Saturday, August 2, 2008

Rosehip: Gordon K. MacLeod MD's - my father - Memorial Service on Cuttyhunk Island

Gordon K MacLeod MD’s Memorial Service

January 30, 1929 – November 25, 2007
Cuttyhunk Island, Massachusetts - August 2, 2008

I’d like to honor my father’s passing with a brief history of his life.

My parents met in Cincinnati, Ohio, in the Unitarian Church in the mid-1950s. They married there in 1957 on August 17.

My father grew up in Boston, Massachusetts, and went to Boston Latin School. He came to Cincinnati first to work at Proctor and Gamble as an industrial engineer, and then to go to the University of Cincinnati Medical School in the early 1950s. After marrying, they moved to Boston for my father’s internship in internal medicine at the Boston City Massachusetts General Hospital, and then, after, to a research position at Harvard Medical School.

Sandy and I were both born at Mt. Auburn hospital in Cambridge, Massachusetts, in 1964 and 1960, respectively. Sandy, my brother, is now a sculptor (see his web site at - was: Both of our wide-ranging interests reflect my father’s active, open thinking.

My father loved Cuttyhunk Island a lot, where rosehips abound in the summer. He came here first as a school kid in 1943. We started coming to Cuttyhunk in 1966, the year we moved to Hamden, Connecticut, where my father took a position at Yale University, working on the development of group practice and community health plans at the Yale Medical School.

Cuttyhunk Island has been a place of continuity and community for my father and mother, through a number of moves in their lives, prior to their move to Pittsburgh, Pennsylvania, in 1973.

My father was Cuttyhunk Island’s principal medical doctor during his vacations in August each year in the 1960s, 70s, 80s, and 90s, and provided medical advice for many who needed it for free.

My parents moved to the Washington DC area in 1971 where my father began the federal Health Maintenance Organizations' (HMOs) program, under Elliot Richardson in the department of Health, Education and Welfare. We stayed there until 1973, when he took a position at the University of Pittsburgh, in the Graduate School of Public Health. During the two years we lived in Bethesda, Maryland, we spent 6 months living in Geneva, Switzerland, from 1972-1973, utilizing a Ford Foundation Grant to study the health systems of three European countries in Denmark, Germany and Britain.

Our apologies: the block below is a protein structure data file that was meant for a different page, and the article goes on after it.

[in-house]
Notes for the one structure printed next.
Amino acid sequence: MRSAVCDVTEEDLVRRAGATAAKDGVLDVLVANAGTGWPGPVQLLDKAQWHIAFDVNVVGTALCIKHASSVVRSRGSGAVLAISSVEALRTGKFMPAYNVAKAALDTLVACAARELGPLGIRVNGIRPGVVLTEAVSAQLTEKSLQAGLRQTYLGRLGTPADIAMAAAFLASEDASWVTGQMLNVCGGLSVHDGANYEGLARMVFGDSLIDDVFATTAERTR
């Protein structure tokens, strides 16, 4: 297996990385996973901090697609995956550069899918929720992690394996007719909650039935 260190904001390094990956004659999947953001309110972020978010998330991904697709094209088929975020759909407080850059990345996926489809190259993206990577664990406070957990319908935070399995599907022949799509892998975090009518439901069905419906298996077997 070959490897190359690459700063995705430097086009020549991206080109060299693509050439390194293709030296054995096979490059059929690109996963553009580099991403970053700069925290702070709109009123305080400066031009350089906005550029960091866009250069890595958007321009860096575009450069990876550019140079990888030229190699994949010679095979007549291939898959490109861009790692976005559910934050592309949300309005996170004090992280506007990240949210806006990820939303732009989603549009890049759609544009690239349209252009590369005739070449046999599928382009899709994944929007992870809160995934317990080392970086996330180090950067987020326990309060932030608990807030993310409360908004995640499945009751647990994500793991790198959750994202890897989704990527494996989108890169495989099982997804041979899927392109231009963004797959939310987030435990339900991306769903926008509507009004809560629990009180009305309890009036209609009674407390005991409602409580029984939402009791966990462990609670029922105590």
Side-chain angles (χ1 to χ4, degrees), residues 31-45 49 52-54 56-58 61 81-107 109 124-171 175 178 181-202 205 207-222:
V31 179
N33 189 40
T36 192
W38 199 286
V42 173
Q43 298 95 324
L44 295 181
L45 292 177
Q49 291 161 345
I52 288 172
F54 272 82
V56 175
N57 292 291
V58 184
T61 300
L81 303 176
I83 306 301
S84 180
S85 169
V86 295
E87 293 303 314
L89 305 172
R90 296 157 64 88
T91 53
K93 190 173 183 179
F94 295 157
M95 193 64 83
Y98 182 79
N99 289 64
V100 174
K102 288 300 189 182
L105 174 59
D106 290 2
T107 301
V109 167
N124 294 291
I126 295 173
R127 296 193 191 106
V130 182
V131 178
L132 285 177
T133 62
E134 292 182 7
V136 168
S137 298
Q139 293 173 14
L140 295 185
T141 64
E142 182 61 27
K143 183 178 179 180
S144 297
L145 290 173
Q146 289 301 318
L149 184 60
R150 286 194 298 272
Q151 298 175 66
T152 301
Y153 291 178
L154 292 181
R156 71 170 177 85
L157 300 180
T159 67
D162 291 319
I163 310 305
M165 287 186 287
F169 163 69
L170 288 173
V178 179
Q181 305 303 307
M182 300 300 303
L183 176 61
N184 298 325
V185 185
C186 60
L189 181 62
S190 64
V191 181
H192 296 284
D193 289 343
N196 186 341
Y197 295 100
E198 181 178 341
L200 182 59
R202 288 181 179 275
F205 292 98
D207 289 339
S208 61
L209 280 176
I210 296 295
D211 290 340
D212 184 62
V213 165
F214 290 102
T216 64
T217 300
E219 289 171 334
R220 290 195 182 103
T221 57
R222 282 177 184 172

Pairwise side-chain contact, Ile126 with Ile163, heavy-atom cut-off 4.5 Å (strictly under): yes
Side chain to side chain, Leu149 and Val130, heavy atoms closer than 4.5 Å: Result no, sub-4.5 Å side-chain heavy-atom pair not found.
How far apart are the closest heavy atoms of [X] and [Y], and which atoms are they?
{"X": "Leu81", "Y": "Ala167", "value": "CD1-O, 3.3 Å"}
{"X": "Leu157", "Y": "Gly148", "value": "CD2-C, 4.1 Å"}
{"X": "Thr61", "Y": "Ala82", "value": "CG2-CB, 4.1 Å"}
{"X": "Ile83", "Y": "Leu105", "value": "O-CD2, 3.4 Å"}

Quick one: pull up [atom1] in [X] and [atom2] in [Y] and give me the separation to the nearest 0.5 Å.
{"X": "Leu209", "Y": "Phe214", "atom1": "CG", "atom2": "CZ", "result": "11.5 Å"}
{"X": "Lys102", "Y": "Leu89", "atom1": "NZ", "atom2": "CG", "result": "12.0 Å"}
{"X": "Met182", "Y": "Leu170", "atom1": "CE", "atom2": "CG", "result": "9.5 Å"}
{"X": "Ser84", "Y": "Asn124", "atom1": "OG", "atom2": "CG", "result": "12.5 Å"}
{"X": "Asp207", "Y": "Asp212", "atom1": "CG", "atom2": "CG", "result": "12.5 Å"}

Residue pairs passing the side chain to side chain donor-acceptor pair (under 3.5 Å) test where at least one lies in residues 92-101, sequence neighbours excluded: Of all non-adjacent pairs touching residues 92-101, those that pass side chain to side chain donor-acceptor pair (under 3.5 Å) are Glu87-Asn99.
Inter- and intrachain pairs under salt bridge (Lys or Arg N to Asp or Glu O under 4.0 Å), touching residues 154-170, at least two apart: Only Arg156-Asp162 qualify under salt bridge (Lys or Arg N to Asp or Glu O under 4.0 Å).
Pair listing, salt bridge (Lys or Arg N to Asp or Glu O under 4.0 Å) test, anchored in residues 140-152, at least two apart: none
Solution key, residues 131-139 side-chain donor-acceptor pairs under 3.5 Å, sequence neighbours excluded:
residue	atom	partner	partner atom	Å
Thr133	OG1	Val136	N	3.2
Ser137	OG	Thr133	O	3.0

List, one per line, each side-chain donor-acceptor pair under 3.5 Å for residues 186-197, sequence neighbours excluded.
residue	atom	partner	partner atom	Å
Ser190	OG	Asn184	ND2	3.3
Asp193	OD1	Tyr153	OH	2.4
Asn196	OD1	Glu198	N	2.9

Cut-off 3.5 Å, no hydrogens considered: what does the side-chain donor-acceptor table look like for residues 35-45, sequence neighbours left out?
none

While at the University of Pittsburgh, my father ( - and -, in 1979, was asked by the then Governor Dick Thornburg to serve as the secretary of health in the state of Pennsylvania. Thornburg picked my father for this position because he had already set up a federal health program, and was recommended by a close adviser of his. Soon after this appointment - 12 days - the Three Mile Island nuclear accident occurred in central Pennsylvania. My father, the official responsible for managing the health issues, later openly criticized the Thornburg administration’s lack of preparedness for two main reasons. They didn’t have any physicians on what was the equivalent of Pennsylvania’s nuclear regulatory commission to bring forward health considerations in planning for the existing nuclear plants, – it only had engineers. And Pennsylvania didn’t have any potassium iodide stockpiled; potassium iodide protects the thyroid gland from radiation in the event of radiation exposure, such as that which occurred at Three Mile Island nuclear accident. My father resigned a year or so after the accident occurred and continued to speak and write publicly and critically of the country’s preparedness for nuclear accidents.

In the intervening years in Pittsburgh, my father continued to teach about Health Maintenance Organizations, and the U.S. health care system at the University of Pittsburgh, and also taught medicine (grand rounds) for years. My father also continued to speak internationally about health systems and nuclear preparedness issues. And my parents traveled a number of times around the world on Semester at Sea related voyages, once as the academic dean (1999); they also traveled on Semester at Sea in the summer of 2001 around Europe. They continued to travel to other places around the world in the 1990s and 2000s with a group of friends from Pittsburgh, as well.